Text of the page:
Ležáky (German: Ležak, from 1939: Lezaky), a part of municipality of Miřetice, was a village in Czechoslovakia. During the German occupation of Czechoslovakia the village was completely razed to the ground by Nazi forces during the reprisals for the assassination of Reich Protector Reinhard Heydrich in the late spring of 1942.
Ležáky was a settlement inhabited by poor stone-cutters and little cottagers. It was composed of eight houses concentrated near the mill; this mill had created the basis for the village named after the rivulet Ležák.
Since 24 September 1941, SS-Obergruppenführer and General of Police Reinhard Heydrich had been Acting Reichsprotektor of the Nazi Protectorate of Bohemia and Moravia. This area of the former Czechoslovakia had been occupied by Nazi Germany since 5 April 1939.
In December 1941 several Allied paratroopers were dropped into the Protectorate Bohemia and Moravia. Some of them were sent to assassinate Reinhard Heydrich in a planned action known as Operation Anthropoid, and another group was part of Operation Silver A. Several people from Ležáky helped this group, providing a hiding place for their radio set.
On the morning of 27 May 1942, Heydrich's car was attacked by the Czech and Slovak soldiers (on behalf of the Czechoslovak government-in-exile), Jozef Gabčík and Jan Kubiš. Heydrich died on 4 June 1942.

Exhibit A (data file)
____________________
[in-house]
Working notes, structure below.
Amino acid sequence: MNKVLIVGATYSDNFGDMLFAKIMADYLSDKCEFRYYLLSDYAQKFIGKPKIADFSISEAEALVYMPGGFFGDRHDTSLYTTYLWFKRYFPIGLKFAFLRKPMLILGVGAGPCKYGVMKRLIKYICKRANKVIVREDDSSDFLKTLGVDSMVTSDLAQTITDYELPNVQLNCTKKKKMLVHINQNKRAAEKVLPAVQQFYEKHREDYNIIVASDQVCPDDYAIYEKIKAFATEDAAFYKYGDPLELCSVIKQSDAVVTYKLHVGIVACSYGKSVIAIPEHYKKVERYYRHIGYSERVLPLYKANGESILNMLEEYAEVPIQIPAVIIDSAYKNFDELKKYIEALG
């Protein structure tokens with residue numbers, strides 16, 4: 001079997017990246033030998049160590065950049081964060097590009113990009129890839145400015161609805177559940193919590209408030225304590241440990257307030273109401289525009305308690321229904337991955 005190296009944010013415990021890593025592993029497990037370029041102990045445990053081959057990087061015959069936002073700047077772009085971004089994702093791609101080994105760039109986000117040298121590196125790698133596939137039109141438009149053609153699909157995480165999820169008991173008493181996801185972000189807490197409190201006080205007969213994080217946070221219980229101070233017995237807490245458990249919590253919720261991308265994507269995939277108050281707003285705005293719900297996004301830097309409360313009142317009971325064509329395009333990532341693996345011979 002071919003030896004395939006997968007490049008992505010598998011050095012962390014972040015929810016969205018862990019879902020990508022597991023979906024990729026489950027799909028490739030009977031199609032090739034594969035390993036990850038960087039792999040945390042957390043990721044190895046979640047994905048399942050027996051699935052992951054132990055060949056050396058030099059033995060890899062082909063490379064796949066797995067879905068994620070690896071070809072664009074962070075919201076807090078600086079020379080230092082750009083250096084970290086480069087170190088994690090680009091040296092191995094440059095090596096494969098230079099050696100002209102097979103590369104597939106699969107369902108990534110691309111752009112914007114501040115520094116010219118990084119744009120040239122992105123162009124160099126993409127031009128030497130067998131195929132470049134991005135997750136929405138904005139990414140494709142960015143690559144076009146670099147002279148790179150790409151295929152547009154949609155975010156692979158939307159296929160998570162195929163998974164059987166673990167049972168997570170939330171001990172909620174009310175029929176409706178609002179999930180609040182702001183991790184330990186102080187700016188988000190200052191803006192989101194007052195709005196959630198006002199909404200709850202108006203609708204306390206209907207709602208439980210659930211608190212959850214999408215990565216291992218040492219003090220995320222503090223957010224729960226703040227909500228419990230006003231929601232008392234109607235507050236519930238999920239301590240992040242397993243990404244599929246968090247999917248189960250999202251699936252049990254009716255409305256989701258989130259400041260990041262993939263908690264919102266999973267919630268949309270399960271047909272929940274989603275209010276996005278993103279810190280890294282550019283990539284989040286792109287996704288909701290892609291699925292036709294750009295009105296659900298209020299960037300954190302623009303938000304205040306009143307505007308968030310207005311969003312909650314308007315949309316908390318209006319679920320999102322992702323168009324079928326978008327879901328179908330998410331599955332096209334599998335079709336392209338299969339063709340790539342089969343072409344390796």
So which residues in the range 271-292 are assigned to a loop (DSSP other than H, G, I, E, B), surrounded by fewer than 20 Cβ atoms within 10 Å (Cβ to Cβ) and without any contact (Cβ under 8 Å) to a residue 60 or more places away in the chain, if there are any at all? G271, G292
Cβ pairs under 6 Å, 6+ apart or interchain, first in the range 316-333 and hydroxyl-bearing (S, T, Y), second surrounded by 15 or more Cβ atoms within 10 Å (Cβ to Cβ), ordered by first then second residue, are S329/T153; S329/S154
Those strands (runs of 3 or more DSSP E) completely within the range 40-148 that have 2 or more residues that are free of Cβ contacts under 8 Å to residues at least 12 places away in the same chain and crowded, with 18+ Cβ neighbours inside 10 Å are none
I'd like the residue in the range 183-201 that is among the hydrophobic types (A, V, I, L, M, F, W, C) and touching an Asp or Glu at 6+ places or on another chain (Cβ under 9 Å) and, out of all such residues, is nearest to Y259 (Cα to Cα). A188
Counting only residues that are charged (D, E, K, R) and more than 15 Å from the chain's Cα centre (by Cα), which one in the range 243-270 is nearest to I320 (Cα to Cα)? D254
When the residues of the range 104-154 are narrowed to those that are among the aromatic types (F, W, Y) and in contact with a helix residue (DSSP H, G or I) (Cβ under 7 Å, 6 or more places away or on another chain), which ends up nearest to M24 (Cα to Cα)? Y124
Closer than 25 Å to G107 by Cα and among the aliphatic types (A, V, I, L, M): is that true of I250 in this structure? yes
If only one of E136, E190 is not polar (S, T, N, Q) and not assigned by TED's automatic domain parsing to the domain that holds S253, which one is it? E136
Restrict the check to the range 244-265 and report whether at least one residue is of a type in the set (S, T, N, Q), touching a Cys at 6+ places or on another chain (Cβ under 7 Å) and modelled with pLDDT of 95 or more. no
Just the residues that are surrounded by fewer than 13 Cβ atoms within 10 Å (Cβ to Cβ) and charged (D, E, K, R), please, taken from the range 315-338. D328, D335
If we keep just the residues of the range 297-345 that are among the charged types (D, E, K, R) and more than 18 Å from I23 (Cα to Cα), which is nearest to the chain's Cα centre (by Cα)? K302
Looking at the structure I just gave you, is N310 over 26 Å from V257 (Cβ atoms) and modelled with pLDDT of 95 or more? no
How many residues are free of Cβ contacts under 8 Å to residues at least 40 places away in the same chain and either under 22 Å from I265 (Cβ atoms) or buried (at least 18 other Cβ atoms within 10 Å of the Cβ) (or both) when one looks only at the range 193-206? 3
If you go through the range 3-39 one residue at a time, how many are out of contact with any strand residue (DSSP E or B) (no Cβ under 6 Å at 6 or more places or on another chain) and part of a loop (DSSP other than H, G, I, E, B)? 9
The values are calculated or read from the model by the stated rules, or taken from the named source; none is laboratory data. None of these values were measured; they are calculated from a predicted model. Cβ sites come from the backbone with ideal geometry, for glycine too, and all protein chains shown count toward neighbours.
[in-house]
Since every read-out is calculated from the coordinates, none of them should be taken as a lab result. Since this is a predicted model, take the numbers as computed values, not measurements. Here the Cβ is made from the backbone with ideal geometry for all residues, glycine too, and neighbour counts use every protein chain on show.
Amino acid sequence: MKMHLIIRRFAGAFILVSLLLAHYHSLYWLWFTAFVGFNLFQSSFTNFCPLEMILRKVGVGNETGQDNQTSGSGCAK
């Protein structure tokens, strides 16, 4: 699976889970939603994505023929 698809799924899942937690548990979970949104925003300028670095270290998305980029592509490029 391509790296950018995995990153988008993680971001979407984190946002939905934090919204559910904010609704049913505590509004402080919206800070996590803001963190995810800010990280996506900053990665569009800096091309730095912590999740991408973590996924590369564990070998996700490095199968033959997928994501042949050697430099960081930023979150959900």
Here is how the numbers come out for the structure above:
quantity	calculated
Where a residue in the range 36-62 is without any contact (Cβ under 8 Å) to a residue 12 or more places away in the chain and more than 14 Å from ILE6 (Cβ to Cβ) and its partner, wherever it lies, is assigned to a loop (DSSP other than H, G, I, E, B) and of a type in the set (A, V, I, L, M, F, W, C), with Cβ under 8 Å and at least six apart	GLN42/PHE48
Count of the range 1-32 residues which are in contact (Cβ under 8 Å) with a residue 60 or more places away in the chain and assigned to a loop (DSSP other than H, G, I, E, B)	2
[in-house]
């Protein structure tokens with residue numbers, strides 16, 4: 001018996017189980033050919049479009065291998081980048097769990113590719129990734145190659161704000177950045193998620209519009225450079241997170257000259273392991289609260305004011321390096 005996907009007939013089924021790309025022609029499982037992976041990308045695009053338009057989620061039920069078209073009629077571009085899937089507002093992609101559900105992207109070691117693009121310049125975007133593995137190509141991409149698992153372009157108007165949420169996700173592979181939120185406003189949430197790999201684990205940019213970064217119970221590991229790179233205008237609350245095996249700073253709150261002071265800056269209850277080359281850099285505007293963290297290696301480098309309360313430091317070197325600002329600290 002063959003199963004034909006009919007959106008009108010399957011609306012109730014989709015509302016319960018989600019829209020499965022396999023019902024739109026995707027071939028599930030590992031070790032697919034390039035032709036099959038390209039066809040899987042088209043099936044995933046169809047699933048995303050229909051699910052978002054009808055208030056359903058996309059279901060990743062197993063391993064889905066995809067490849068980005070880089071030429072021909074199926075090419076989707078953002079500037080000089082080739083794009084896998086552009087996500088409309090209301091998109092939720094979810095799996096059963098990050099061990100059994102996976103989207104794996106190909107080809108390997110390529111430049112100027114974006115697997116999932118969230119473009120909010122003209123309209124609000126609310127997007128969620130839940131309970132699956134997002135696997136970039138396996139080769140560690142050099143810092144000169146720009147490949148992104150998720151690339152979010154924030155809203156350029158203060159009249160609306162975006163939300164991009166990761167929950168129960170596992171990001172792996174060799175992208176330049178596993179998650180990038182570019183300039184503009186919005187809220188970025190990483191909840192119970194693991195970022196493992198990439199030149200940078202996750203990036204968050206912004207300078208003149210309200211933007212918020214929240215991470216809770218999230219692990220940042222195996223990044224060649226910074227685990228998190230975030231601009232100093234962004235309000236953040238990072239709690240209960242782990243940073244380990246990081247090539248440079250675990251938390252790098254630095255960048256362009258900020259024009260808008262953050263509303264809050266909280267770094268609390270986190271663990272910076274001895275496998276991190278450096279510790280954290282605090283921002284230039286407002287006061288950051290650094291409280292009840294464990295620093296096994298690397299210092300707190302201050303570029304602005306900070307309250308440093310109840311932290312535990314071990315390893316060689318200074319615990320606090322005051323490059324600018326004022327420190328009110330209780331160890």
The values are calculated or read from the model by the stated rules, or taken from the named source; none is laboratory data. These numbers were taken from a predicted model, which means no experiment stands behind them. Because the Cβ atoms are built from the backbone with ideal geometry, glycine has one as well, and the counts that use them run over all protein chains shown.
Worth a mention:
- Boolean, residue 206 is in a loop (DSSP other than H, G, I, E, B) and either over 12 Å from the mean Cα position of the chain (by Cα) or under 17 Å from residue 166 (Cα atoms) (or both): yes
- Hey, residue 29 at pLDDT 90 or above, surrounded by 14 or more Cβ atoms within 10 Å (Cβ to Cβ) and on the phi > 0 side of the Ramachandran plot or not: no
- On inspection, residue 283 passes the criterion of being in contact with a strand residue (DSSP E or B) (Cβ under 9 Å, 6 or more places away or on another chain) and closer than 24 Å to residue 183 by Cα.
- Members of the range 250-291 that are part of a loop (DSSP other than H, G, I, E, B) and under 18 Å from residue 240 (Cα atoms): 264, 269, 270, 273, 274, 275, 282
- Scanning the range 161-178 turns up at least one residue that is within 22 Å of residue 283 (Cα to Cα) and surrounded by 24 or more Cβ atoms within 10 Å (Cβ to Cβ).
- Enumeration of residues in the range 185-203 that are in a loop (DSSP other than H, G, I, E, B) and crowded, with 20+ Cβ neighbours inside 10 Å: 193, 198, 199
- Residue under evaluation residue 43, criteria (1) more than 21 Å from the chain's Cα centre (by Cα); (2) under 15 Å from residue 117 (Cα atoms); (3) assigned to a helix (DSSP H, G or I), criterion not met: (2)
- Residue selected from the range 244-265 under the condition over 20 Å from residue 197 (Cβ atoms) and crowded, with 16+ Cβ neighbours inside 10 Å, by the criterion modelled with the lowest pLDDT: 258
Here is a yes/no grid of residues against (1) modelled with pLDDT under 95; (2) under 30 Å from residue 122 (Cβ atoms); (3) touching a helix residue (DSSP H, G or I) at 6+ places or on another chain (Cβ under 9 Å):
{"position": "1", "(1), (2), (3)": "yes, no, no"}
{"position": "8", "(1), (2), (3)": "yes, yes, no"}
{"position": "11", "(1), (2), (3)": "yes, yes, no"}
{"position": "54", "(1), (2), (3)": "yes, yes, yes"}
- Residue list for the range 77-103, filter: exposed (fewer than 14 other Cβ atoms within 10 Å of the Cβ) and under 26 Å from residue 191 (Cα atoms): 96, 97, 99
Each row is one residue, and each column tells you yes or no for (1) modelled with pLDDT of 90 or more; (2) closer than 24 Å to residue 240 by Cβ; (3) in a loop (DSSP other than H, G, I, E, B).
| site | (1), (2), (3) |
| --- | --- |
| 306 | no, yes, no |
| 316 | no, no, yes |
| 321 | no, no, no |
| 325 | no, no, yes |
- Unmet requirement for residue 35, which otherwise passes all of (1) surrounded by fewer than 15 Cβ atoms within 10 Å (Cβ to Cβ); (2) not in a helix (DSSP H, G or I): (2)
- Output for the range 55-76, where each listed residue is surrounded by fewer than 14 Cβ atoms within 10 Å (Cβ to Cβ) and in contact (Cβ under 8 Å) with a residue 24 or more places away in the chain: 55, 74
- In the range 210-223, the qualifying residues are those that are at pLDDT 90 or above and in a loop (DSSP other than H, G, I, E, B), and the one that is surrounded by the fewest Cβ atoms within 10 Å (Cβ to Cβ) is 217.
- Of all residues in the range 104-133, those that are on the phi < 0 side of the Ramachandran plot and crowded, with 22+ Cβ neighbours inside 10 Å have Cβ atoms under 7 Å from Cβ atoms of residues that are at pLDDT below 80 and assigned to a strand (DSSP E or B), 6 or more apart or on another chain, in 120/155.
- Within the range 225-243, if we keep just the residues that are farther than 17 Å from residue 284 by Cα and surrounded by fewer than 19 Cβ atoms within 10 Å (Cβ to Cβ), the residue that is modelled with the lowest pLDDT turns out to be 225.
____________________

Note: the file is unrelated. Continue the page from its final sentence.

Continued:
After the assassination of Heydrich, the revenge of the Nazis started with martial law. Then on 10 June the village of Lidice was razed to the ground and its male inhabitants shot. The Nazi regime chose that village because its residents were suspected of harbouring local resistance partisans and were falsely associated with aiding Operation Anthropoid team members.
Thereafter, Gestapo agents found the radio transmitter in Ležáky which belonged to Operation Silver A. Alfréd Bartoš, the leader of resistance group Silver A, committed suicide in a hopeless situation. On 24 June, approximately 500 SS troops and policemen surrounded Ležáky, took away all the inhabitants and the village was reduced to "rubble". All 33 villagers (both men and women) were shot. Thirteen children were separated from their families. On 26 June a press release announced the event publicly. In mid-December 1943, the débris of Ležáky was pulled down by 65 men from Nazi work camps.
The sisters Jarmila and Marie Šťulík were selected for the 'Aryanisation' programme (both were found and returned after the war). The remaining 11 children were sent to the Chełmno extermination camp and in summer 1942 gassed (together with one girl from Lidice).
Unlike Lidice, Ležáky was not rebuilt after the war, and only memorials exist today.
- Jarmila Doležalová (one of the two children that survived the war), František Vašek: Křižovatky času – Ležáky v datech (Crossroads of time - Ležáky in dates), 2007. History of the village since first written mention until today.
- Gerwarth, Robert (2011). Hitler's Hangman: The Life of Heydrich. New Haven, CT: Yale University Press. ISBN 978-0-300-11575-8.
- Kaplan, Jan and Nosarzewska, Krystyna (1997). Prague: The Turbulent Century, Koenemann Verlagsgesellschaft mbH, Koeln. ISBN 3-89508-528-6
- Vojtěch Kyncl: Ležáky - Obyčejná vesnice, SILVER A a pardubické gestapo v zrcadle heydrichiády, 2009, (cz PDF), ISBN 978-80-7415-009-8